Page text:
Engineers in all disciplines use electronics in their designs for sensing, actuation, and real-time control. Today there are few exceptions. A common component is an operational amplifier (op-amp), which most engineers treat as a black box containing many transistors and resistors. Its performance is primarily determined by the components (e.g., resistors and capacitors) surrounding it as long as the op-amp has negative feedback and its limitations are not exceeded.
Another common electronic component is the H-bridge. Any engineer who has ever controlled a motor has most likely used the H-bridge, but perhaps treated it as a black box with no thought as to how it works and how it affects overall system performance. The H-bridge needs to be thoroughly understood for model-based design and optimum system performance.
The H-bridge, as shown in the diagram above, is named because of its configuration. It has four power devices (transistors, MOSFETs are a good selection, like the p-channel for the high side and n-channel for the low side in the diagram) with the load (usually brushed dc or stepper motor) at the center. The diodes are of the Schottky type with short turn-on delay. The four transistors can be turned on and off independently. If transistors 2 and 3 are turned on, the motor turns in one direction; turn transistors 1 and 4 on and the motor turns in the opposite direction. The transistors are usually controlled in a pulse-width modulated (PWM) fashion. When the transistor is on, it behaves like a small temperature-dependent resistor, the lower the value the better for heat dissipation.
When the transistor is completely off, it conducts no current. MOSFETs are voltage-driven devices; the gate forms a parasitic capacitor with the source, and this capacitance limits the speed at which the transistor can be turned on and off. In the transitional periods, the power dissipation due to switching is significant, especially when the switching frequency is higher than a few hundred Hz. The role of the diodes is often overlooked. While the bridge is on, two of the four transistors carry the current and the diodes have no role.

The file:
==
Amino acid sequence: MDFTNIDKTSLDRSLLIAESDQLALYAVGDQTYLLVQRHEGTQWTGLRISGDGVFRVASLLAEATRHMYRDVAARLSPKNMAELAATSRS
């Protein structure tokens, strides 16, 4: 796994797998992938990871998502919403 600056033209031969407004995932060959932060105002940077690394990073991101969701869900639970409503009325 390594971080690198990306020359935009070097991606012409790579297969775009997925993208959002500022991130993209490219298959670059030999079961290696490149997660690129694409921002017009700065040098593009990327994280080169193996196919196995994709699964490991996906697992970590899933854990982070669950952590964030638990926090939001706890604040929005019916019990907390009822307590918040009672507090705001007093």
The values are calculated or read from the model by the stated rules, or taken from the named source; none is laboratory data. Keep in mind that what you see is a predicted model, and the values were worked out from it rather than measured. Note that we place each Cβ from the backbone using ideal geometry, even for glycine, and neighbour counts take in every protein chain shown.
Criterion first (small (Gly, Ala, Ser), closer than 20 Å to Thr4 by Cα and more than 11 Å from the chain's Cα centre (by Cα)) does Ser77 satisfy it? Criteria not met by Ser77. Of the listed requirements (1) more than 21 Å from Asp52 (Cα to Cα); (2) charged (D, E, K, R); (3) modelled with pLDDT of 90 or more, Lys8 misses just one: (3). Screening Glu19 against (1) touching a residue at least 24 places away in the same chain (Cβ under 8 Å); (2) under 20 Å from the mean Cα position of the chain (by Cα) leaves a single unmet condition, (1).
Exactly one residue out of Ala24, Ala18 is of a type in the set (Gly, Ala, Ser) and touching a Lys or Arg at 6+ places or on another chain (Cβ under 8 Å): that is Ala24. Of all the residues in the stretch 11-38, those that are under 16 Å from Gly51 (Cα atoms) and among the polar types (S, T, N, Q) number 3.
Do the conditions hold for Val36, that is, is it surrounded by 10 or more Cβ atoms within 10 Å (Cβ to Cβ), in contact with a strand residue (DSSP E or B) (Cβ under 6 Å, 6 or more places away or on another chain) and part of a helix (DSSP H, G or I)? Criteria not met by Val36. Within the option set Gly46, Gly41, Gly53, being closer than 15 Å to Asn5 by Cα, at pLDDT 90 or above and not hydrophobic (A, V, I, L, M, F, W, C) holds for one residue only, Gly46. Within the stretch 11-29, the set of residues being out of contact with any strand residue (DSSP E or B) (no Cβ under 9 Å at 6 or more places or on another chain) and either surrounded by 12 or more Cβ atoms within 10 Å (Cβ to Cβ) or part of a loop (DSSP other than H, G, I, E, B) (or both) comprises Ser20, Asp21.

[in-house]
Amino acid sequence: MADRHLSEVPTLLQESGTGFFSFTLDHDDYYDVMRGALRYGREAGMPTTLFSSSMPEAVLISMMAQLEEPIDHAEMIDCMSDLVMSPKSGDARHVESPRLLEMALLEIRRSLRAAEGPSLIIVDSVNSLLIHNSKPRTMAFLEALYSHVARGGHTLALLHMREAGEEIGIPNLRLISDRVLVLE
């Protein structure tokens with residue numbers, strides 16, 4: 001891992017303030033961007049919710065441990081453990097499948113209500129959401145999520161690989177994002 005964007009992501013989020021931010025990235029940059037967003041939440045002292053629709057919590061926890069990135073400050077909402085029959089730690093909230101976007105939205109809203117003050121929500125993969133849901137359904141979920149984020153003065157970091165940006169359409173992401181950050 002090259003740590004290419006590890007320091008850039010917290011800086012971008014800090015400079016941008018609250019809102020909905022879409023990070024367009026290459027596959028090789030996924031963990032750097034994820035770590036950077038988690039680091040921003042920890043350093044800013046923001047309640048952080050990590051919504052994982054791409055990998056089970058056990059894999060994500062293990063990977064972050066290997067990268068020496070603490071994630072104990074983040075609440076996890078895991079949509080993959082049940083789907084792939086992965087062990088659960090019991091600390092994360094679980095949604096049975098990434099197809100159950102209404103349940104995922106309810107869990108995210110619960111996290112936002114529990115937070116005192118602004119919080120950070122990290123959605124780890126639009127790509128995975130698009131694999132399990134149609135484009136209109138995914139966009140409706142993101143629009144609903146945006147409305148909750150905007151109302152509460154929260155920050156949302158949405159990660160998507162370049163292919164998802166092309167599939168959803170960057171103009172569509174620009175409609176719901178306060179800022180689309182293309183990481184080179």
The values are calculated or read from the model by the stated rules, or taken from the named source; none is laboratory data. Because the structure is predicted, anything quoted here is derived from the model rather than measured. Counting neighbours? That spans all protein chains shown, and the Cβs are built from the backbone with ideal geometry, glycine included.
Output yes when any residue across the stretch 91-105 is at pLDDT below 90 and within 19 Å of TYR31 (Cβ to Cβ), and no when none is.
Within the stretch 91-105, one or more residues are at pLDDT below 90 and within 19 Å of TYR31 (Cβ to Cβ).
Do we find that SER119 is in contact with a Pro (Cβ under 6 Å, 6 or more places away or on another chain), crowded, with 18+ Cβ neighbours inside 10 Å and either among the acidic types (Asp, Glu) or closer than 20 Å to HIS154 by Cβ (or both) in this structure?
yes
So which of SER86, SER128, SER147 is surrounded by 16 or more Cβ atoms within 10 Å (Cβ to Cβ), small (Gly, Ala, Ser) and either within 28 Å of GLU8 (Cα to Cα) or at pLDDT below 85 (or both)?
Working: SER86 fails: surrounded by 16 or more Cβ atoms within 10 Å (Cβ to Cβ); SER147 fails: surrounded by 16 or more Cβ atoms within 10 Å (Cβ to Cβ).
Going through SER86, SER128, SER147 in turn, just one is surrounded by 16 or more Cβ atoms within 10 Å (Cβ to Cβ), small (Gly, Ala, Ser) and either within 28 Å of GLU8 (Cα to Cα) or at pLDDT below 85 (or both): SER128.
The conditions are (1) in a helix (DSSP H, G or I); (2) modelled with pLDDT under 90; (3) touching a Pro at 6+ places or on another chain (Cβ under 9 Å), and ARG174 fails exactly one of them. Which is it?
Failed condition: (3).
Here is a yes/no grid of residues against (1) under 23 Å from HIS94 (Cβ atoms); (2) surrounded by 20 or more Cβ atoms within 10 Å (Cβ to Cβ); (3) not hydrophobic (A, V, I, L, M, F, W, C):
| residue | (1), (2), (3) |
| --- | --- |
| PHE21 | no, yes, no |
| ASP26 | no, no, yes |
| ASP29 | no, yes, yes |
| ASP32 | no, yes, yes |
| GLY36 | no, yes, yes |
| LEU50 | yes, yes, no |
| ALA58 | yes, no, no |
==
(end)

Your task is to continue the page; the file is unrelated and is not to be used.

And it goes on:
However, when the load is inductive, as with motors, and the bridge is commanded to turn the load off, the electromagnetic field associated with it will collapse and the stored energy will start to dissipate either through the bottom transistors and diodes or through the top transistors and diodes. The dissipated heat from the diodes can be of the same order of magnitude as the heat dissipation from the transistor switching.
The load (motor) is modeled as an inductor (Lm), resistance (Rm), and speed-dependent voltage (back emf) in series. The motor torque depends on the current flowing through this series combination. There are two extremes. When the motor runs with no load, the current is low and the motor terminal voltage is close to the back-emf voltage. When the motor is stalled, the back-emf voltage is zero and the motor acts like an inductor.
The H-bridge can be driven in many different ways. In general, the on-time behavior is rather simple: turn on one high-side transistor and the opposite low-side transistor to allow current to flow through the motor. It is the off-time drive that makes the difference. Since transistors 1 and 2 (or 3 and 4) should never be turned on at the same time, there are only three different combinations for those two switches: transistor 1 conducts, or transistor 2 conducts, or neither conducts. There are many different drive modes. Andras Tantos has provided an excellent, detailed explanation here. I highly recommend it.
The understanding of the internal behavior of the H-Bridge is of fundamental importance for motor control system design and also to mitigate electromagnetic effects while controlling inductive loads, which can affect the performance and behavior of surrounding circuits.
This article originally appeared in EBN's sister publication EDN.